Cooking with cannabis: known by all, loved by many. However, beyond the all too familiar space cake, there is a whole world of exciting dishes! Wondering how that happened? Cannabis is native to regions all over the world, so it grew freely in many countries. Therefore, in those countries there has been a culture of cooking with this aromatic plant for centuries. Peoples of China, Mongolia, Russia, India and Europe discovered long ago how to cultivate the plant for better quality and seed production. Also in North and South America natives knew cannabis as food. Omnomnom.
Cannabis butter or cannabis oil
The easiest and most widely known way to integrate cannabis in a recipe, is by dissolving the active substances in something fat, such as oil, butter, or Indian ghee. This way your body can absorb these cannabinoids effectively. Moreover, you can use oil or butter in almost any dish, which comes in handy. Maybe you’re familiar with the technique of dissolving cannabinoids in fat for making brownies or space cake. An example of a traditional recipe that is prepared with this base is Indian bhang.
'Bhang' is perhaps a rather alarming name for a drink, but not to worry: this creamy liquid will just give you a nice buzz. According to food historians, this beverage dates back to tenth century India, when people discovered the drugging properties of cannabis sativa. To make bhang, you simmer the leaves and buds of the plant in butter or ghee and then mix it with milk and spices. The sweet version is most popular, but there are also savory versions. The drink is popular during the colorful Indian festival Holi. During this festival , the usual ghee in traditional Indian dishes such as pakora, bhaji and samosas, is sometimes replaced by bhang ghee. So be careful what you stuff your face with.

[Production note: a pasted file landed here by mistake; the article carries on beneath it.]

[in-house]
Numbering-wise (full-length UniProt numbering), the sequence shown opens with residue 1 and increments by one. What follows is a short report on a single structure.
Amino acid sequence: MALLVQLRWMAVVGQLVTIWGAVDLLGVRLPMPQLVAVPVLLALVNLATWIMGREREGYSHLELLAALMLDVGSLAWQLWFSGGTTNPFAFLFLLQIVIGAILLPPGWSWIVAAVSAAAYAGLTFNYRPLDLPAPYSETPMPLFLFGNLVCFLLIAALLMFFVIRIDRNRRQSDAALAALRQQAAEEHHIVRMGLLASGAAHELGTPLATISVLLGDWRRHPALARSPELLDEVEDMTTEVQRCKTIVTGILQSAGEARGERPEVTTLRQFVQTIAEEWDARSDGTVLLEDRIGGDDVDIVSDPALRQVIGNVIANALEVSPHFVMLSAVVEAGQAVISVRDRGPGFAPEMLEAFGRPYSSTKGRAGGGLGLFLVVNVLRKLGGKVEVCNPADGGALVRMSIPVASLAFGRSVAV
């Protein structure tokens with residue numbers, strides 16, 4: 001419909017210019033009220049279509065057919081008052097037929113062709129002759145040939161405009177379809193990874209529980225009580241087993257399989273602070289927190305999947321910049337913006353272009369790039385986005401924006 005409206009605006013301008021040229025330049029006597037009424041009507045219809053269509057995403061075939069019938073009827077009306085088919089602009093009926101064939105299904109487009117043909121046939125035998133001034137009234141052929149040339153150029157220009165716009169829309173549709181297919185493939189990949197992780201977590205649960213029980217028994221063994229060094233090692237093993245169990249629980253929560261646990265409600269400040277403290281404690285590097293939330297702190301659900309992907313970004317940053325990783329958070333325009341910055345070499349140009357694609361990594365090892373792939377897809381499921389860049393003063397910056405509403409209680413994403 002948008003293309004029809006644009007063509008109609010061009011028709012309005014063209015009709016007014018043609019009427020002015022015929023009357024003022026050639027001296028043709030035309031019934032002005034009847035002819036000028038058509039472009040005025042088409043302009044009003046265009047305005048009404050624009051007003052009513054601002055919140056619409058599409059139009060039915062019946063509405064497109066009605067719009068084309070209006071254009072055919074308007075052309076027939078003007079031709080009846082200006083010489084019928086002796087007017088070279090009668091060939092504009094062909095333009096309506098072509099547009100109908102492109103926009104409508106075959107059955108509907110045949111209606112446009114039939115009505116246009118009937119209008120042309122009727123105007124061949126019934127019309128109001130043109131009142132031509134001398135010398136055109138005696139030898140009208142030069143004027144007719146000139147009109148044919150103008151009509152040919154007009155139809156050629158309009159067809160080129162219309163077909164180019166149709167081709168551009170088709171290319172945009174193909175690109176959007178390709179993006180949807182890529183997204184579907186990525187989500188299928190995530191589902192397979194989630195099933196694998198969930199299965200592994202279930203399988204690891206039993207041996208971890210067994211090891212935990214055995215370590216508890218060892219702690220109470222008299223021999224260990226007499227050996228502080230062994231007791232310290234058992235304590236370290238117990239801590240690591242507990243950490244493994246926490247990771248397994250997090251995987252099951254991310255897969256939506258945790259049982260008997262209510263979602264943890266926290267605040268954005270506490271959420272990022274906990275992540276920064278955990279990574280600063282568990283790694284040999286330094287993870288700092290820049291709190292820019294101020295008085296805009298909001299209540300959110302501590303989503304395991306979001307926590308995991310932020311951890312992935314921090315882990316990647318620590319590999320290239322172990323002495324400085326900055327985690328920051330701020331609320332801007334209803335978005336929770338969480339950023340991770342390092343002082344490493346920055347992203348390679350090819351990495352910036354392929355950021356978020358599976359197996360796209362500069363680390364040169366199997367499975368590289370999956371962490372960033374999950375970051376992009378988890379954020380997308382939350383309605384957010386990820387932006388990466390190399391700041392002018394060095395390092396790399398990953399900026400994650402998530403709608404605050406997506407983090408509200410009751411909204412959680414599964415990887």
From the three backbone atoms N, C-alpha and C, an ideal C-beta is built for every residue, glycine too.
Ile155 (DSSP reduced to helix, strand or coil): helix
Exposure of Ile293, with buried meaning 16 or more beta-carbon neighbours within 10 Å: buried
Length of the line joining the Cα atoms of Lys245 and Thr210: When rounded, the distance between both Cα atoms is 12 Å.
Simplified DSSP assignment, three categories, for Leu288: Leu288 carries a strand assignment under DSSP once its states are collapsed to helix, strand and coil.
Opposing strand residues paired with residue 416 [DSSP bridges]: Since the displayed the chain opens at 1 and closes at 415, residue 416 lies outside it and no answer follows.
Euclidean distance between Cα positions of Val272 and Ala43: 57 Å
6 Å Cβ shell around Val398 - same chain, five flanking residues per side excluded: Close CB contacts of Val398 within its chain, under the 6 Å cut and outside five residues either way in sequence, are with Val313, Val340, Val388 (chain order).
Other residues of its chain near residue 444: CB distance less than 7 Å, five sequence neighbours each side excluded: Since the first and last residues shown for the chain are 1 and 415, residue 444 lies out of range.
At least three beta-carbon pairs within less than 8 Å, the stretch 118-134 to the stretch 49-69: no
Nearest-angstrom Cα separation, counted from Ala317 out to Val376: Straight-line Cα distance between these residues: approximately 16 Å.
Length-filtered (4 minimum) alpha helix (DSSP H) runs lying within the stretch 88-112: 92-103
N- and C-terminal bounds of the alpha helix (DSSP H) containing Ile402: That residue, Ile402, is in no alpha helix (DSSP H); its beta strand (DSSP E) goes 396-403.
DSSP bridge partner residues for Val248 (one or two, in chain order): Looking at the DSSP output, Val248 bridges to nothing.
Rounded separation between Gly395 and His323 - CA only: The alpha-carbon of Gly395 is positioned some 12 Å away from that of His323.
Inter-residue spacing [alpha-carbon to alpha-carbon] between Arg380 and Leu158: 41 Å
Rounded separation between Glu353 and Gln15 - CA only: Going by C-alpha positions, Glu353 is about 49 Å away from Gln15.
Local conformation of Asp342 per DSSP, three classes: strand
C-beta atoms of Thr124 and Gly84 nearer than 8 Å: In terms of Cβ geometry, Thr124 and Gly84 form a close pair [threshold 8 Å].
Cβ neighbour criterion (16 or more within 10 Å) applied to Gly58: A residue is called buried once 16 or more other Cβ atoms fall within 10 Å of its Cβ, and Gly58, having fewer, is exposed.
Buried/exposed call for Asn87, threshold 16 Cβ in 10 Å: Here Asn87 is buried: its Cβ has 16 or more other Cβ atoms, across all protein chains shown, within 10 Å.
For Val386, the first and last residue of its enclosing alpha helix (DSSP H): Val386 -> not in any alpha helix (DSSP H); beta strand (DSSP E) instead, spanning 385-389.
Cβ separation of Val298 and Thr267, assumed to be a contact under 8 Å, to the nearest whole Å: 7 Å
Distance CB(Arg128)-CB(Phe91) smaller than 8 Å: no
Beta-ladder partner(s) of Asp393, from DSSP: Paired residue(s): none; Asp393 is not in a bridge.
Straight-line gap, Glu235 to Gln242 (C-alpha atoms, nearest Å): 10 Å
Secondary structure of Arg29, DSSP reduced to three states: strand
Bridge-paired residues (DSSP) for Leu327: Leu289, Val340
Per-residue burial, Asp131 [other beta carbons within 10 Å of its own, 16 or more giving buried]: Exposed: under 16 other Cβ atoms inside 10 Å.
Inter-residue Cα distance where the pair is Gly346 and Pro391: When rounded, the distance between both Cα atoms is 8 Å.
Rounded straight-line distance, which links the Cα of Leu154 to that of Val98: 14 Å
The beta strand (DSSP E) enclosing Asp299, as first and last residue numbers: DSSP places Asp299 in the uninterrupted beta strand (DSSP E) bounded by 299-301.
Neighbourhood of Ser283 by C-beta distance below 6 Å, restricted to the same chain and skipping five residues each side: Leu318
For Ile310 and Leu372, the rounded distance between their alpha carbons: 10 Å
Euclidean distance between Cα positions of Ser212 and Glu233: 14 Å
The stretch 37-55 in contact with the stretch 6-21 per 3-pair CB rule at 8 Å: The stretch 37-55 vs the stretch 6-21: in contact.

Wanna be the star of the party by serving up your home-brewed bhang? Ingredients:
- 1 to 2 grams of ground cannabis or hashish
- 2 cups milk
- 3 grams butter
- A pinch of spices like nutmeg and cinnamon
- Honey (optional)
- Vodka (optional)
Heat a saucepan on the stove and gently melt the butter. Then add the crushed pot and stir well with a wooden spoon. Let the pot simmer in the butter gently, for a minute or so. Then add the milk and stir again thoroughly. Reduce heat even more and allow the mixture to slowly heat up. Do not boil. Finally, you add some spices and maybe some honey (and if you want something rough a shot of vodka). All set!
Majoun is a kind of paste or jam, which consist of marijuana or hashish, raisins, nuts, honey, spices, and sometimes dates, figs and rose water. This fragrant mixture can be spread on crackers or cookies, or you can make balls of it, which you roll in sesame seeds or chopped nuts.
I present to you a tasty recipe for delicious sweet snack balls made of Majoun:
- 1-3 grams of hashish, finely ground
- 200 grams butter
- 1.5 cups nuts (for example a mixture of cashews, walnuts, almonds and pistachios)
- 100 figs gram
- 100 grams of dates
- 150 grams of honey (or agave syrup)
- 50 ml (roses) water
- A pinch of salt
- 1 tsp cardamom
- 1 tsp ginger
- 1 tsp cinnamon
- 1 tsp black pepper